The Xbox One launch in New York City

If you’re a child of the’80s, you probably remember those “Choose Your Own Adventure” books in which the reader became the protagonist and made choices affecting the plot. You know, slay the dragon or tiptoe past him. It sounds like Xbox is hoping to re-awaken that dragon, bringing the model into the 21st Century.

At RealScreen Summit last week, Ari Mark let a few tiny details slip. The AMC Networks vet was on his 2nd day of the job as Xbox Entertainment Studios head of unscripted programming. So admittedly, all plans are in early stages, but interactivity will be key for Xbox productions.

“Every single piece of development coming in is tied with interactive [staff at Xbox],” Mark explained. (Fun behind-the-scenes reveal: those interactive folks don’t even have desks; they lounge in easy chairs). He said one thing in the works now is a short film that kind of uses the “choose your own adventure” concept. If it works, long form would be next. “It’s a bit of a testing ground,” he said.

As a game console turned entertainment hub, Xbox believes it can lead the way in interactive television. But one of the challenges will be getting producers to think about coming to the platform with their content. Take NBC’s “The Million Second Quiz,” a game show that aired in Sept following a group of contestants who competed for $2 million in a quiz competition that spanned 1 million seconds (more than 11 days). The show included a play-at-home app.  It was hyped as a national event, but ratings were a disappointment.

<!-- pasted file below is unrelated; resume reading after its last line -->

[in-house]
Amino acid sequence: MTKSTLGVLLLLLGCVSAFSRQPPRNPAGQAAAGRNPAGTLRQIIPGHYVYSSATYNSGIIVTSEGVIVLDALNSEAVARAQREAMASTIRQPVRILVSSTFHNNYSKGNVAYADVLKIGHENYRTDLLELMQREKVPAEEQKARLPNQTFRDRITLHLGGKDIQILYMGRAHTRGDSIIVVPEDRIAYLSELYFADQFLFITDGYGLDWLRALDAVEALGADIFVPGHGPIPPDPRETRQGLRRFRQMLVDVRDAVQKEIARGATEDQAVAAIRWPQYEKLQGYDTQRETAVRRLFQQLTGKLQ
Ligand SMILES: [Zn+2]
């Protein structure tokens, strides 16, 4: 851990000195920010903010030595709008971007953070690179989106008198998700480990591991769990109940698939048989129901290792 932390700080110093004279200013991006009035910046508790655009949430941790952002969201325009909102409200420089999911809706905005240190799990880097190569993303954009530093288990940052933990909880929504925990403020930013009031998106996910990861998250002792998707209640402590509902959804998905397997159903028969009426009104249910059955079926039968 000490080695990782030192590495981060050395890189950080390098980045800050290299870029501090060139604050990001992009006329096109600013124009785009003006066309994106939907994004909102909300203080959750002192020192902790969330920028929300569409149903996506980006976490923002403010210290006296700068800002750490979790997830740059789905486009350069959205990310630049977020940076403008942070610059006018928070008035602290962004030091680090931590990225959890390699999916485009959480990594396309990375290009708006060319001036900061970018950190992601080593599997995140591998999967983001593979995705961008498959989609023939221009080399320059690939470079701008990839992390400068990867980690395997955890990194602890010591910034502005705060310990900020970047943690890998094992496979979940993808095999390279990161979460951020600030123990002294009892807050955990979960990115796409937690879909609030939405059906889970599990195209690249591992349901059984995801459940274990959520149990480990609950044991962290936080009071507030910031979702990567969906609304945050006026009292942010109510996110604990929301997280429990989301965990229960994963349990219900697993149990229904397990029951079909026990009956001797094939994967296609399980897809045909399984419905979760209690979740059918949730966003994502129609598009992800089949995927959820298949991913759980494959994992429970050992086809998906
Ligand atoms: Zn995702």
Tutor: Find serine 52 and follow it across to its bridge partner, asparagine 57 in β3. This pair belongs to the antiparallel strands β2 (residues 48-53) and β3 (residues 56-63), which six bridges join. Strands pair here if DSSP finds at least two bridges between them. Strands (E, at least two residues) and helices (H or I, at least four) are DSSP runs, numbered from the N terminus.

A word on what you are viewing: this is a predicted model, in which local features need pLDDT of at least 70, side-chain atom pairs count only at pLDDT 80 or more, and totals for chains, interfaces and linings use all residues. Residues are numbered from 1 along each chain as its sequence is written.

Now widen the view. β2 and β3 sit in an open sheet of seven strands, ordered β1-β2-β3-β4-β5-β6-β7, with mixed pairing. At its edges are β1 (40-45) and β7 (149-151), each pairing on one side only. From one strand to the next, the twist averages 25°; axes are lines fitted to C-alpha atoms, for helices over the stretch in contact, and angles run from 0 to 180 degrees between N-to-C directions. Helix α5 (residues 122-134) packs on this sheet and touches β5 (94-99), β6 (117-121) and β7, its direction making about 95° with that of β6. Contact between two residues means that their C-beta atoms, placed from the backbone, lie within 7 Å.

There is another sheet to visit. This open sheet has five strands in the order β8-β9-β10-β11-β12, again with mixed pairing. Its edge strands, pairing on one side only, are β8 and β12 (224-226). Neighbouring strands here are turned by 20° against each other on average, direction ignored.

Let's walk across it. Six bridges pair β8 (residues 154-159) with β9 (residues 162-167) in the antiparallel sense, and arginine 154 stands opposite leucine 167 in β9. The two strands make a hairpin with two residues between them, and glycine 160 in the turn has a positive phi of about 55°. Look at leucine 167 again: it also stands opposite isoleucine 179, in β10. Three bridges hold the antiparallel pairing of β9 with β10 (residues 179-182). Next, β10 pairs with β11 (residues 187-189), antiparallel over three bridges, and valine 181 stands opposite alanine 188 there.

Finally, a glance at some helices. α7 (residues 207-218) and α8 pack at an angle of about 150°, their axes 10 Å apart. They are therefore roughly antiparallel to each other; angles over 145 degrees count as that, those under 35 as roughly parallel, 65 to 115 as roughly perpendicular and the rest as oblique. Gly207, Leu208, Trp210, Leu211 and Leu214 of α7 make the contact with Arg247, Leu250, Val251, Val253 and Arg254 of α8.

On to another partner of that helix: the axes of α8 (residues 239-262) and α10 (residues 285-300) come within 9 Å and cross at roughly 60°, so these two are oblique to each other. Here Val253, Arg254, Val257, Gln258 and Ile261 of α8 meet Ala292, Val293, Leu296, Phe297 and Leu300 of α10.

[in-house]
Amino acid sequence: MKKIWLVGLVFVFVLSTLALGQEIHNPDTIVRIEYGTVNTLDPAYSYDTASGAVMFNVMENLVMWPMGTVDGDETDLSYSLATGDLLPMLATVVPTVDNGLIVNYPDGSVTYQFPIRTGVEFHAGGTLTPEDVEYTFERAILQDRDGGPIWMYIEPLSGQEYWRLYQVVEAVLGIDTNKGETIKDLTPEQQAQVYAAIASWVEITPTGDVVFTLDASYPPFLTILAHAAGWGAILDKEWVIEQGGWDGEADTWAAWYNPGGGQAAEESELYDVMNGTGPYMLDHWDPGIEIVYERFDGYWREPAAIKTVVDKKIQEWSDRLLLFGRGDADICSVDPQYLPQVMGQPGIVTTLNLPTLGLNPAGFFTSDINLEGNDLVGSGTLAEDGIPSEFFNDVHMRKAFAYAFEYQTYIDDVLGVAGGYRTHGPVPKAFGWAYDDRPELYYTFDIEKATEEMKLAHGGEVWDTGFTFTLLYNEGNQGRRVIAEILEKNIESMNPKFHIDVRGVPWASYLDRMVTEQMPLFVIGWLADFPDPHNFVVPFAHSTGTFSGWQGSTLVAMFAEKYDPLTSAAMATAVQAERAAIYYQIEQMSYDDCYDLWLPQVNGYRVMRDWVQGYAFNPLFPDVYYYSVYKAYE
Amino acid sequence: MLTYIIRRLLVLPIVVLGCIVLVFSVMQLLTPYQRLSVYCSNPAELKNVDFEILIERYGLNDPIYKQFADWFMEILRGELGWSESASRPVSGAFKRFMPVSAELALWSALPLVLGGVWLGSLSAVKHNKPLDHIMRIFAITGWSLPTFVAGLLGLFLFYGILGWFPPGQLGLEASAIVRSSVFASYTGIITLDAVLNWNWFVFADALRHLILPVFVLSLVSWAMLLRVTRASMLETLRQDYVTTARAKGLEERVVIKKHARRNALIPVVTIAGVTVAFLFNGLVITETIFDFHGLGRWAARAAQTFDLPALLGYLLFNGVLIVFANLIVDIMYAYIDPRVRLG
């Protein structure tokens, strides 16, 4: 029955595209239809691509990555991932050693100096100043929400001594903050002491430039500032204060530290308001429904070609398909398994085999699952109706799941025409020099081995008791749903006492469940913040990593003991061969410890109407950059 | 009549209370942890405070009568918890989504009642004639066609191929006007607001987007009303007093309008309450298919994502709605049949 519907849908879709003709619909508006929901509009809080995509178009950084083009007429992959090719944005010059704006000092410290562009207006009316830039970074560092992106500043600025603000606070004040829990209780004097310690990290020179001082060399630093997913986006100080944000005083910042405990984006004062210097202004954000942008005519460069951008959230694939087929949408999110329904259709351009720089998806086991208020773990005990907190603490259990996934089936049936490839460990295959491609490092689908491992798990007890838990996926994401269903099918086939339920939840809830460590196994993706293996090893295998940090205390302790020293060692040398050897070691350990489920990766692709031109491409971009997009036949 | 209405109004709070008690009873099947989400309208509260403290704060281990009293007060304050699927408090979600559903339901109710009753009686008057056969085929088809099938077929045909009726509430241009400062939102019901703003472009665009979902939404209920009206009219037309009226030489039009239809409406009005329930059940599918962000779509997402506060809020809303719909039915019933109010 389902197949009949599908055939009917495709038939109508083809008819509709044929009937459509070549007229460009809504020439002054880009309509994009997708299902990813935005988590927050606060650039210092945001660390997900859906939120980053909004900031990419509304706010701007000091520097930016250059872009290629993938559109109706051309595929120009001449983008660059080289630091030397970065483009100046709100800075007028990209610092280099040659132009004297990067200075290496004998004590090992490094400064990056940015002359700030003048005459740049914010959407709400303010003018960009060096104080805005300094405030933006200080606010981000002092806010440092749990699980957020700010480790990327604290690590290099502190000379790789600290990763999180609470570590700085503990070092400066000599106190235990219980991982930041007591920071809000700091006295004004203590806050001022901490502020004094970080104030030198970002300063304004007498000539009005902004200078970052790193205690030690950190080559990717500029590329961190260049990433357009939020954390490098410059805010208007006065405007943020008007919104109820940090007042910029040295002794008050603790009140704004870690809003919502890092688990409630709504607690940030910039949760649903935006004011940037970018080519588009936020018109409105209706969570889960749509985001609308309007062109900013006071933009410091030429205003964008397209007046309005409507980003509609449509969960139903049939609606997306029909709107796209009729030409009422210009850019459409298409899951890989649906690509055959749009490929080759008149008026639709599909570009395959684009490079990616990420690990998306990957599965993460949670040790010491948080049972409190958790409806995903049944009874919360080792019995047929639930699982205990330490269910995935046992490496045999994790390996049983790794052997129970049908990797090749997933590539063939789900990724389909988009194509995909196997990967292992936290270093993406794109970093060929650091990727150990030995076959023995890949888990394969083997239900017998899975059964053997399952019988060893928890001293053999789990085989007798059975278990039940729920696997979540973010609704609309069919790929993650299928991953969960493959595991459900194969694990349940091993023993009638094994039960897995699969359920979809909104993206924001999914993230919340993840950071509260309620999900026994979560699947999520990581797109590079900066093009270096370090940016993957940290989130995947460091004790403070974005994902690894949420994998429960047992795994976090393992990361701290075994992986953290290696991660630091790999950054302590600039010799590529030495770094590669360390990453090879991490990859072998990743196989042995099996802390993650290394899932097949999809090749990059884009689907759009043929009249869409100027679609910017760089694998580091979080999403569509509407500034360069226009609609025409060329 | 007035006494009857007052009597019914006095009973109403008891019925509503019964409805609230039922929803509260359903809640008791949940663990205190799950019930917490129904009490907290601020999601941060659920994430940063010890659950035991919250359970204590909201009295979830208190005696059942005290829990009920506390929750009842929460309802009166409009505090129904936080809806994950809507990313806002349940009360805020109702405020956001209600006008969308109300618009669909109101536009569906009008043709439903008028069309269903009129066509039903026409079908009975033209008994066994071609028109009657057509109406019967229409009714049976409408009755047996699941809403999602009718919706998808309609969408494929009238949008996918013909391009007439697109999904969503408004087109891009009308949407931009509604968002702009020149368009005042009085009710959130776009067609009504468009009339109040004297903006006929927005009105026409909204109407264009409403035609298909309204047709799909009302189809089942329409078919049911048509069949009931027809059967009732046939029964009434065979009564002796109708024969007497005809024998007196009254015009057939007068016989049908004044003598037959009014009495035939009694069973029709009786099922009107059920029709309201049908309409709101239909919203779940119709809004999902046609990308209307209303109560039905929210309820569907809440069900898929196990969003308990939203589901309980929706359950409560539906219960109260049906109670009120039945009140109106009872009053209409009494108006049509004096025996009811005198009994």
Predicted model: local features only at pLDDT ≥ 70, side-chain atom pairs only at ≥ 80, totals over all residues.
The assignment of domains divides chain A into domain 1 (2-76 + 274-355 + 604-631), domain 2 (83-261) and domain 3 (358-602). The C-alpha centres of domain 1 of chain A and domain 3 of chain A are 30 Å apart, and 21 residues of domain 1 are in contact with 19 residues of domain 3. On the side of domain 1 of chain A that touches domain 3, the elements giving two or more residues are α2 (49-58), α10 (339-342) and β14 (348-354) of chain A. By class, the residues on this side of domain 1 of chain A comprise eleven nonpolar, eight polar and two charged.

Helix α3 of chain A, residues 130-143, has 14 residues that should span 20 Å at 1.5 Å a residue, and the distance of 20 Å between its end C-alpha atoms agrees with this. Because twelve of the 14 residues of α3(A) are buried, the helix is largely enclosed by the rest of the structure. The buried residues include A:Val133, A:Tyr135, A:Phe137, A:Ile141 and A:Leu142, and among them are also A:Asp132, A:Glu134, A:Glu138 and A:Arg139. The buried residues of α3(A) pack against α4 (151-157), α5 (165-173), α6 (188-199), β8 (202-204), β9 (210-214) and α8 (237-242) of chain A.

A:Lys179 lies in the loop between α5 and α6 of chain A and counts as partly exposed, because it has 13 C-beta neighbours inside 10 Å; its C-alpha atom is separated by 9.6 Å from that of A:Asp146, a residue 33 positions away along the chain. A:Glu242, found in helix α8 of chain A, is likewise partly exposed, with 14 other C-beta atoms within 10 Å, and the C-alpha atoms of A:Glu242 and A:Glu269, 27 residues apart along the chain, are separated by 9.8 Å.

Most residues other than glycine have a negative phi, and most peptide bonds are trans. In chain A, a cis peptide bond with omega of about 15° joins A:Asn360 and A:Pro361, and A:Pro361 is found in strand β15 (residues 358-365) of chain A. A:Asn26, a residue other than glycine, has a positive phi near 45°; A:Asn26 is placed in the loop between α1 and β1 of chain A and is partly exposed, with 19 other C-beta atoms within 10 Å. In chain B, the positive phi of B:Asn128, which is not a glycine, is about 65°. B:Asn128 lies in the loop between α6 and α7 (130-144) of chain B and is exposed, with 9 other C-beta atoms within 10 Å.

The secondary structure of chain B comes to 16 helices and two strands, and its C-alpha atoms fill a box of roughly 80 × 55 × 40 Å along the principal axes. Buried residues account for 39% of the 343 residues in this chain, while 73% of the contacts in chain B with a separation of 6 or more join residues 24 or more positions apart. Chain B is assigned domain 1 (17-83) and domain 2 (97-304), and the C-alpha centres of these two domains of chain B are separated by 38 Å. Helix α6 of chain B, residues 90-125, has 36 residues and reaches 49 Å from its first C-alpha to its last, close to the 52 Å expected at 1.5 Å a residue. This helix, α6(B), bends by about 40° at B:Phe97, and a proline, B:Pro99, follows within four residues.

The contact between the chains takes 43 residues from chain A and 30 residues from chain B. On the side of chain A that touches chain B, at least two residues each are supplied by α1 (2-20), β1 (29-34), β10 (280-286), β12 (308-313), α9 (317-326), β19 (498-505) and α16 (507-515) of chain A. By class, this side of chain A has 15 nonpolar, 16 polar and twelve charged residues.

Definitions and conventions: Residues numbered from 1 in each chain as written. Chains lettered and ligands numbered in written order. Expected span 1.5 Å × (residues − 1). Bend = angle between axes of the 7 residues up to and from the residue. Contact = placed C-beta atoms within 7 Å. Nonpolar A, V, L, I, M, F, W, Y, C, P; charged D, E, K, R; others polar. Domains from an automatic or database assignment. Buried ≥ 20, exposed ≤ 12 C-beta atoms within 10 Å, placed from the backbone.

“That would have been quite simply a better show on Xbox,” Mark said. “The muscle is still in the network space, but I think that’s transitioning. We would have been able to support the technology for that kind of interactivity.”

One of the advantages Xbox and others in the digital space have is flexibility. “It’s storytelling on a different platform. You’re not handcuffed by a 30-minute or 60-minute timeslot. You can just try stuff out. It’s the wild West,” said Michael Klein, EVP of programming and content strategy for Condé Nast Entertainment Group’s digital channels. Condé Nast launched its digital channel business about eight months ago, with seven channels all built around the company’s established brands, such as Vogue and GQ.

At AMC Nets, Mark developed unscripted shows such as “Comic Book Men” and “Talking Dead.” At Xbox, he gets to try a little of everything. “We can sort of steal from traditional TV [and the web],” he said. “We have the ability to throw out the rules and not worry too much about the clock or format.” Xbox is already working on some unscripted series. Last year, it announced a deal with Lightbox for an original doc series about excavation of a landfill where Atari is rumored to have dumped millions of unsold copies of the E.T. The Extra-Terrestrial video game in 1983. It will debut later this year, exclusively on Xbox 360 and Xbox One.

As for reach, there is a built-in audience. Xbox 360 console sales have surpassed 76 million. That’s not even taking into account the new Xbox One households. Yes, Xbox Studios will be catering to 18- to 34-year-old men, but Mark cautioned that for every teen with a Xbox, there’s a whole family watching content on the console. “The sweet spot [is young men], but we want to be broad. We have the ability to be broad.”

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